Brazil is quickly developing a robust wind power sector while concurrently undergoing a historic drought in the northeastern regions. Drought conditions lowered water tables at hydroelectric dam sites, which Brazilians rely on for roughly 80% of their electricity demand. Wind produces peak output during the dry season when dam levels are low. Many communities that might benefit from local wind development are also among the poorest and most vulnerable. Local energy development, however, is often met with skepticism and resistance from local populations. This paper examines two case studies of wind development from Cumbe, in the State of Ceará and Alto Sertão, in the State of Bahia. Most notably, the Brazilian company Renova recently developed Alto Sertão I and II, the largest wind facilities in South America. Renova engages the local community by acquiring land leases for wind tower siting and by creating Catavento, a voluntary 4 million dollar community driven impact fund for local environmental and economic development projects such as herbal laboratories, bee keeping facilities, and a women’s yucca collaborative. Renova’s community engagement efforts are still in the early stages, but their company model and internal culture may be replicable in other Brazilian communities.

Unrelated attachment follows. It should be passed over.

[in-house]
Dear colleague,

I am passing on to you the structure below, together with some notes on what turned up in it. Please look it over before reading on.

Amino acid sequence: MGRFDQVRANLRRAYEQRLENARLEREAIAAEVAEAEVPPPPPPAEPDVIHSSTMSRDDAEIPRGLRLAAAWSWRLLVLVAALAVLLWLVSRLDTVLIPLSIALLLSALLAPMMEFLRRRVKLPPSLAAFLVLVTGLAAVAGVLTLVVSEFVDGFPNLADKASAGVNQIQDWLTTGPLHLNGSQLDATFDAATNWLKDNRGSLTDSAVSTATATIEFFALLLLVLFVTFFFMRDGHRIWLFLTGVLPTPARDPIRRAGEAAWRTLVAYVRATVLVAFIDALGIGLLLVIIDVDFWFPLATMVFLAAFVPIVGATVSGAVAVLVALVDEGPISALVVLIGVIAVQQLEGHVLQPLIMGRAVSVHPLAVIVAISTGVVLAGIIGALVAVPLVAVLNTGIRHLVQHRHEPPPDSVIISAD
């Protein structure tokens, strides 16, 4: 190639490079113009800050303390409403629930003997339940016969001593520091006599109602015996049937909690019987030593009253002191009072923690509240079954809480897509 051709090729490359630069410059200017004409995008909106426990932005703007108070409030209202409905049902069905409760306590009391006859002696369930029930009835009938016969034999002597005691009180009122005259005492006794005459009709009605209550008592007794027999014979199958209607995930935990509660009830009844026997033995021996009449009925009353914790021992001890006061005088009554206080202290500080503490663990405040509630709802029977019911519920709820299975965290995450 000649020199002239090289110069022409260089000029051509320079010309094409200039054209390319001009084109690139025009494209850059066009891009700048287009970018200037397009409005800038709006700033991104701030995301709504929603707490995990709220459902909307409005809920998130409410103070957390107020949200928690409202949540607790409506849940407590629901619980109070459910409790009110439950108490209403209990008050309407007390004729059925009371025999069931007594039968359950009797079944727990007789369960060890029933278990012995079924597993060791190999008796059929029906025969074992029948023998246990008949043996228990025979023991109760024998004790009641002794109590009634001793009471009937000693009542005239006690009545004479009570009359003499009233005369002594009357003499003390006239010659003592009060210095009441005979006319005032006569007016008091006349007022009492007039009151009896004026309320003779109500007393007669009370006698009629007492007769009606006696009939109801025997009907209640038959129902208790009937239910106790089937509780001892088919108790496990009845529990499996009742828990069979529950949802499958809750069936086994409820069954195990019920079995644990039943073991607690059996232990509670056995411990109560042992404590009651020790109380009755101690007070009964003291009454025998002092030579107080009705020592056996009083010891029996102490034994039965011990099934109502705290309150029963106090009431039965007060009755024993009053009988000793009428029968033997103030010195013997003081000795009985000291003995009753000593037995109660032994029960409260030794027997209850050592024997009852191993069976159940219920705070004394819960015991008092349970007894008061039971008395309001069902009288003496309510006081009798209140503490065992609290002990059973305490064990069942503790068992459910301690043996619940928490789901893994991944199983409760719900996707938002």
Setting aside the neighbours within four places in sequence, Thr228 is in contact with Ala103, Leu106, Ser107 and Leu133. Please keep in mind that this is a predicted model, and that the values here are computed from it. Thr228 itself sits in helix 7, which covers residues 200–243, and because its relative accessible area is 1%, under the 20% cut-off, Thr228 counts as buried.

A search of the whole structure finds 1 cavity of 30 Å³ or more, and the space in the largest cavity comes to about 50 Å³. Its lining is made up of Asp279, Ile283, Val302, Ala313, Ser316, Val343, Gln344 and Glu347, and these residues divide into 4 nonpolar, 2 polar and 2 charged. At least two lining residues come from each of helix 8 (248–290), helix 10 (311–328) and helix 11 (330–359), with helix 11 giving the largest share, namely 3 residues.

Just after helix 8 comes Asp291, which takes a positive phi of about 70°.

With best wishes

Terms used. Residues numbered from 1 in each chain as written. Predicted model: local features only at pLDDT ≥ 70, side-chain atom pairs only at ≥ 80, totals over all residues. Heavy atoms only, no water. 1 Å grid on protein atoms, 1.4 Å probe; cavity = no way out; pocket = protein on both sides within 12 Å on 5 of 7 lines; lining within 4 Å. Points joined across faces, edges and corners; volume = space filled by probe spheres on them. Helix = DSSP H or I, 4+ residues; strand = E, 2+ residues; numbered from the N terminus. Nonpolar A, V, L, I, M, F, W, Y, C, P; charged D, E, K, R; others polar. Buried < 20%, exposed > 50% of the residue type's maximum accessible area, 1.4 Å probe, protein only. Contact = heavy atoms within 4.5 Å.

In the last five years the Brazilian government has created a swell of support for wind power development by liberalizing markets to welcome developers and manufacturers from India, China, the United States, Spain and elsewhere. New Brazilian companies such as Renova, a renewable energy company are also taking hold and pushing for local energy development. Most of this development is happening in poor northeastern states which have some of the strongest and most consistent winds globally (Rose 2011:1). Brazilian wind farm projects recently produced some of the cheapest electricity prices in markets worldwide. Prices for wind in 2011 even sold below the price of natural gas with the help of a number of government incentives and a recent auction system for new electricity generating projects such as gas, wind, small and large hydropower (Lacey 2011:1). The country has set goals to build more wind power than the rest of South America combined by 2023 (Martin 2014:1). Brazil’s rise in the renewable energy sector and as an emerging market has demonstrated that strong state and market goals can drive clean energy development. However, Brazil has a long history of land grabs and community displacement around energy projects, especially ethanol and hydropower development. Some local communities have questioned the development and compensation of landowners living near Brazilian wind farms (Brown 2012:3). As a result of the research I conducted in 2012, I asked: how can wind farm development in Brazil break the traditional energy paradigm that can leave local communities less informed, less involved, and disempowered in the decision making process? How can the demands of local citizens and policy makers be met while ensuring this development is truly clean and just for all parties?